What is the most surprising thing you discovered while writing your book(s)?
The arduous and for now seemingly futile path of seeking traditional publishing. When I began writing, I don’t think I had any idea how many others like myself. I think it’s wonderful to see so many others out here expressing themselves and presenting their craft and books to those who will read and cherish them. However I think perhaps time for the writing community as a whole to have a conversation as to the role of traditional publishing in today’s changing market. While I believe in traditional publishing as a worthy pursuit and I understand the plight each head of traditional publishing has to suffer (agents, editors, publishers, reviewers) and the necessity of having them around because of their valuable position and insight, I think perhaps it is time we admitted that traditional publishing today is failing authors of great worth and potential at an increasing rate, and therefore damaging the worth of writing books as a whole. Querying The Dynasty of the Phoenix because of it’s complicated journey into being has been a frustrating process.
I believe authors are worthy of more respect and courtesies when going through the process of querying. Many authors die before their work is ever recognized for it’s genius, and this is not a group I aim to find myself a part of. I would expect a serious announcement on republishing The Dynasty of the Phoenix by my intended publishing date of 1/10/2020 to be announced via my twitter around Thanksgiving. I know that The Dynasty of the Phoenix and A Tale of Shadow and Shroud are going to be a great success, and dominating series of the genre over the coming decades. If no agent or indie publisher comes forward soon, I will do what is necessary myself to show this world the A Tale of Shadow and Shroud that I believe in, and the success of my series will be their loss.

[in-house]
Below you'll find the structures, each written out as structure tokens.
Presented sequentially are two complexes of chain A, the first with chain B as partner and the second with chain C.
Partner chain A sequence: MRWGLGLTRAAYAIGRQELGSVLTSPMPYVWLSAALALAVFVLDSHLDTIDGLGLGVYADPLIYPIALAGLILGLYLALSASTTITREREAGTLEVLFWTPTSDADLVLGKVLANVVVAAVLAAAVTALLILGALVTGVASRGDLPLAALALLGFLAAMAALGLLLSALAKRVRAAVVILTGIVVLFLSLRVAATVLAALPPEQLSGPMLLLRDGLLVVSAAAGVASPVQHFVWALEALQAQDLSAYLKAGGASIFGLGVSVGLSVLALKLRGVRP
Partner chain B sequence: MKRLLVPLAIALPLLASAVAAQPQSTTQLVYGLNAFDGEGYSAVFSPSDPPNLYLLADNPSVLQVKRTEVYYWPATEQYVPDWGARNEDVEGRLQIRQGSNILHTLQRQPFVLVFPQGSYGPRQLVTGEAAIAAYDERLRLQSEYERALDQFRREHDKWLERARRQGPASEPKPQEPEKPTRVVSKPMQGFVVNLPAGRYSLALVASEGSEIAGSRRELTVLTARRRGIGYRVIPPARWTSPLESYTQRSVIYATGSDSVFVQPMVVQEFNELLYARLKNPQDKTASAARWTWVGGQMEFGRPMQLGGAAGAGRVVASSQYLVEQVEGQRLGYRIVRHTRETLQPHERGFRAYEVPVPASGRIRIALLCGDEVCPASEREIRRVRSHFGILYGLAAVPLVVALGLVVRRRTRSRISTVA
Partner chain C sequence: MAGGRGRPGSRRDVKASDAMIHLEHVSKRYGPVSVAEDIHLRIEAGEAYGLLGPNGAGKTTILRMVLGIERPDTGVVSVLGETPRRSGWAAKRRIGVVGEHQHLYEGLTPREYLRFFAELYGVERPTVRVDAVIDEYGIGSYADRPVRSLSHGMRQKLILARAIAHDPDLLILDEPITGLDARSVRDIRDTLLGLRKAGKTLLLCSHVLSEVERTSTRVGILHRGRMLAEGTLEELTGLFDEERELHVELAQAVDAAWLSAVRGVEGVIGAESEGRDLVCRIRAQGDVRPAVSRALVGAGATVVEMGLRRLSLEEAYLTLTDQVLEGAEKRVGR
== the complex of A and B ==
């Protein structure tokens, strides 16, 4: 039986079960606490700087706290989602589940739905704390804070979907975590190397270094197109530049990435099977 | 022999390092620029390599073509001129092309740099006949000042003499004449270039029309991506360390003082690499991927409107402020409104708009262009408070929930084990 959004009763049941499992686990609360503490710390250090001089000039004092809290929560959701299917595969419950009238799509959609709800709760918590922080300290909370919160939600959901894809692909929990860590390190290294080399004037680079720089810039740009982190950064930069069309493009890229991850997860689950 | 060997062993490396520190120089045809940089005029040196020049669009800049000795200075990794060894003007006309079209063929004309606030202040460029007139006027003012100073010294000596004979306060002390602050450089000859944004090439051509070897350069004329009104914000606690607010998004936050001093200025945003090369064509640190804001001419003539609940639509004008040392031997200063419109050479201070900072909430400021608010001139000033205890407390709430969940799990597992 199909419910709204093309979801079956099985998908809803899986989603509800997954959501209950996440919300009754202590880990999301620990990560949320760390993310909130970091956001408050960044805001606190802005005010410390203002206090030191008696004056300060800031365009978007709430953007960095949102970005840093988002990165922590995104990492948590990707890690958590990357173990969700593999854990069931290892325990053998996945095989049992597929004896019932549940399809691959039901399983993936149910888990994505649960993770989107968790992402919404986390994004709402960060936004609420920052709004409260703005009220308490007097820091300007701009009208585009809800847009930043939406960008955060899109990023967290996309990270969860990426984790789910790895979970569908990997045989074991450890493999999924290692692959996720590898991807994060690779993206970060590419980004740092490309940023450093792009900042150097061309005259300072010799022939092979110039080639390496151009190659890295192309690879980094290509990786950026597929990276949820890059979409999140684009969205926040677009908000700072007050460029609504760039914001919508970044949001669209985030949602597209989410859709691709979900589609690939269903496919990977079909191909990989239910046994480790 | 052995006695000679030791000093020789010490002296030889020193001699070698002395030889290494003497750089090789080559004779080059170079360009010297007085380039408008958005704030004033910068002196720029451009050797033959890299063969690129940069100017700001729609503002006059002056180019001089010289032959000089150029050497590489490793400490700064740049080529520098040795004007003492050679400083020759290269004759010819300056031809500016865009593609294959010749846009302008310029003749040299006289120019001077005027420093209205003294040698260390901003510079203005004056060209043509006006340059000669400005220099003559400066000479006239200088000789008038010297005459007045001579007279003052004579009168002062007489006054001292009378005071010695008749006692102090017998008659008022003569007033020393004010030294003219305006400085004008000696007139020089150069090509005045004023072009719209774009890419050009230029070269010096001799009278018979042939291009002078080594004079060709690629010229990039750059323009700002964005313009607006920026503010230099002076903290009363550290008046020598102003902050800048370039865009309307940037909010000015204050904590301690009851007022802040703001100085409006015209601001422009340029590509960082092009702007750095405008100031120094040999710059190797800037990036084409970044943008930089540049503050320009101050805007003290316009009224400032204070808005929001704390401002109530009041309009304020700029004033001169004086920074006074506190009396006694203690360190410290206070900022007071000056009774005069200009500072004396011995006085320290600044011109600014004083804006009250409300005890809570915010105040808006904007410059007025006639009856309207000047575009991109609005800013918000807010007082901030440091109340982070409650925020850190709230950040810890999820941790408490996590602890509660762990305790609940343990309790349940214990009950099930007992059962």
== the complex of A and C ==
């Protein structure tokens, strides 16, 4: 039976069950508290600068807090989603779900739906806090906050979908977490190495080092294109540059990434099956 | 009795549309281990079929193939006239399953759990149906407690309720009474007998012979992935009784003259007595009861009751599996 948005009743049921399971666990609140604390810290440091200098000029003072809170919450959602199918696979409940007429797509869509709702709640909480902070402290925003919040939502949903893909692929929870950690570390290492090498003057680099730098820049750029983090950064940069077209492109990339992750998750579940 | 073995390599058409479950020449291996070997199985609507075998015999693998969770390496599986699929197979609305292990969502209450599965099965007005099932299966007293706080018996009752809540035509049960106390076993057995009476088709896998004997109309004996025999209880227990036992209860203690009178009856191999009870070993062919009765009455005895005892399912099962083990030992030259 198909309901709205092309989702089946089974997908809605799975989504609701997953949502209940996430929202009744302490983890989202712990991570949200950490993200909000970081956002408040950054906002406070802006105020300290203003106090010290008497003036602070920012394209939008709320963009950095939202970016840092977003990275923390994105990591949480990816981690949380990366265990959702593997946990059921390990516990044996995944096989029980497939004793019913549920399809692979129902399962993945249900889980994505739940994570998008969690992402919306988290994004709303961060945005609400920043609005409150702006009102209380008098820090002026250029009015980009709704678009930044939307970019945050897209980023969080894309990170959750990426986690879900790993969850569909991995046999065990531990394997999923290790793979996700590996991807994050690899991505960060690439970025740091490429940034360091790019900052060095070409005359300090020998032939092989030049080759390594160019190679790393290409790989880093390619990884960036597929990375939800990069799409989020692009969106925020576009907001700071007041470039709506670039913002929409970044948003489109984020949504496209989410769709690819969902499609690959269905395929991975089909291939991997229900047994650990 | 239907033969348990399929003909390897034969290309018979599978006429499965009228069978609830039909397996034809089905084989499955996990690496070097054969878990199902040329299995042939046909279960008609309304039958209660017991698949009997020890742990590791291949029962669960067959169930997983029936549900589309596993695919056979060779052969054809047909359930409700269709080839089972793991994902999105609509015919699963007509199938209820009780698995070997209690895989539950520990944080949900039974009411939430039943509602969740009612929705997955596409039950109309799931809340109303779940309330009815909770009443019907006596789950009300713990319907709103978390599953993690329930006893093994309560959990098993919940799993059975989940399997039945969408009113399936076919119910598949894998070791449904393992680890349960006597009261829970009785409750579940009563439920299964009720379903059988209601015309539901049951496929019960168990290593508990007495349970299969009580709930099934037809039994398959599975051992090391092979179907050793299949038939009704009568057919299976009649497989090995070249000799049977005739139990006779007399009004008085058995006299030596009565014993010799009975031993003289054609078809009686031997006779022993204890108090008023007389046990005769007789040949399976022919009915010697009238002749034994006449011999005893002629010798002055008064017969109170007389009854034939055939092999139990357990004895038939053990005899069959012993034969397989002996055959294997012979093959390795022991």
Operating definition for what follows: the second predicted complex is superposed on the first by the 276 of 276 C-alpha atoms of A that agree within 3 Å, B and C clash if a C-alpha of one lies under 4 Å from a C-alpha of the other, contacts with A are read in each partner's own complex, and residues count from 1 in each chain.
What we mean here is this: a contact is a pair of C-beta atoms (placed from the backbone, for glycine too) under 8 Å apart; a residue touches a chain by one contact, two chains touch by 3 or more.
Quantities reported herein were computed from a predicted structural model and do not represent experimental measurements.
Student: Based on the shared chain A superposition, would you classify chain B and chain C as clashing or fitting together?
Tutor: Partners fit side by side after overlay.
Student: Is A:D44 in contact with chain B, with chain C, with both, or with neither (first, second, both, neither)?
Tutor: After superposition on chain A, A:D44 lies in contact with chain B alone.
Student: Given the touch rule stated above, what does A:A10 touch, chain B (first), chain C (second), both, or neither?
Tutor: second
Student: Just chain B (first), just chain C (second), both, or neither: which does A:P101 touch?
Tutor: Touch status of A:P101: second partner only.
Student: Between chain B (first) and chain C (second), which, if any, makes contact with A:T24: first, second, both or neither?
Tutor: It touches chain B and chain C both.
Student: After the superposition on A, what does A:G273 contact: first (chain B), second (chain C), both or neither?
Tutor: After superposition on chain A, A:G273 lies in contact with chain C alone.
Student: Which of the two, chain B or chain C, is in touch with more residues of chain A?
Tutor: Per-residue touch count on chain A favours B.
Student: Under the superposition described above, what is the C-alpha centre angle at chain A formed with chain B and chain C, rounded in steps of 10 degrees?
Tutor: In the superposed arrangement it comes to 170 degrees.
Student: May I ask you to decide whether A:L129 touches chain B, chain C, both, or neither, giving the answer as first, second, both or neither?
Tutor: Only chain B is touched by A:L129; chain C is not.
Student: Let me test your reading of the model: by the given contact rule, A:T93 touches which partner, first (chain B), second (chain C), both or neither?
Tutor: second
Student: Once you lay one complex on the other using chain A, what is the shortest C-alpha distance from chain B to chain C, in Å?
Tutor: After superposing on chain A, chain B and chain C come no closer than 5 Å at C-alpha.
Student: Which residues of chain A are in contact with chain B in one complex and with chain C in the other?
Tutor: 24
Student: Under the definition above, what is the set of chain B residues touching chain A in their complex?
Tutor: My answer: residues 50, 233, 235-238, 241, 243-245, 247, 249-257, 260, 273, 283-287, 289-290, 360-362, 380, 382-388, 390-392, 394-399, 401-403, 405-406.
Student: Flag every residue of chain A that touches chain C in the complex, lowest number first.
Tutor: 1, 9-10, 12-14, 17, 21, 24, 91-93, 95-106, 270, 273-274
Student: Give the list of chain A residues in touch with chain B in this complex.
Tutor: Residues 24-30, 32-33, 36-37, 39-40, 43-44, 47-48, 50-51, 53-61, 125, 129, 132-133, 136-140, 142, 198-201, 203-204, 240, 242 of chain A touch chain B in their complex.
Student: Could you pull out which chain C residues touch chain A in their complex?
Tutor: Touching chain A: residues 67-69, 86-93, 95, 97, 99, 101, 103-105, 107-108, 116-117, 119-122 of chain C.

What were the key challenges you faced while writing this book?
The sheer scale of time and persistence that such an endeavor demanded, and for no guaranteed pay or that what I would write would be any good anyways. Not to mention the struggles of my own life. I was no good at writing in the beginning, and having not only the patience but interest to learn the proper vernacular and story-telling methods in order to write the best books possible for A Tale of Shadow and Shroud had to be painstakingly self-developed in coordination with a handful of college courses, and small writer’s groups I have been a part of on and off throughout my local area since. I also had to survive a horrific head-on car accident in April of 2013 having narrowly finished the first draft of book one. After I came out of that dark stage in my life, I didn’t pursue sales and recognition because I didn’t believe in the material I had at that moment. For years, I also did what I believe others expected of me. I held down a job in the field of major that I actually went to college for Geography, for years while it sent me out into the field doing grunt work I didn’t enjoy and later sat me down at a desk and isolated me at a client’s office to perform grinding tasks which left my unique skills entirely idle. All of this left me with one of the most difficult decisions of my life.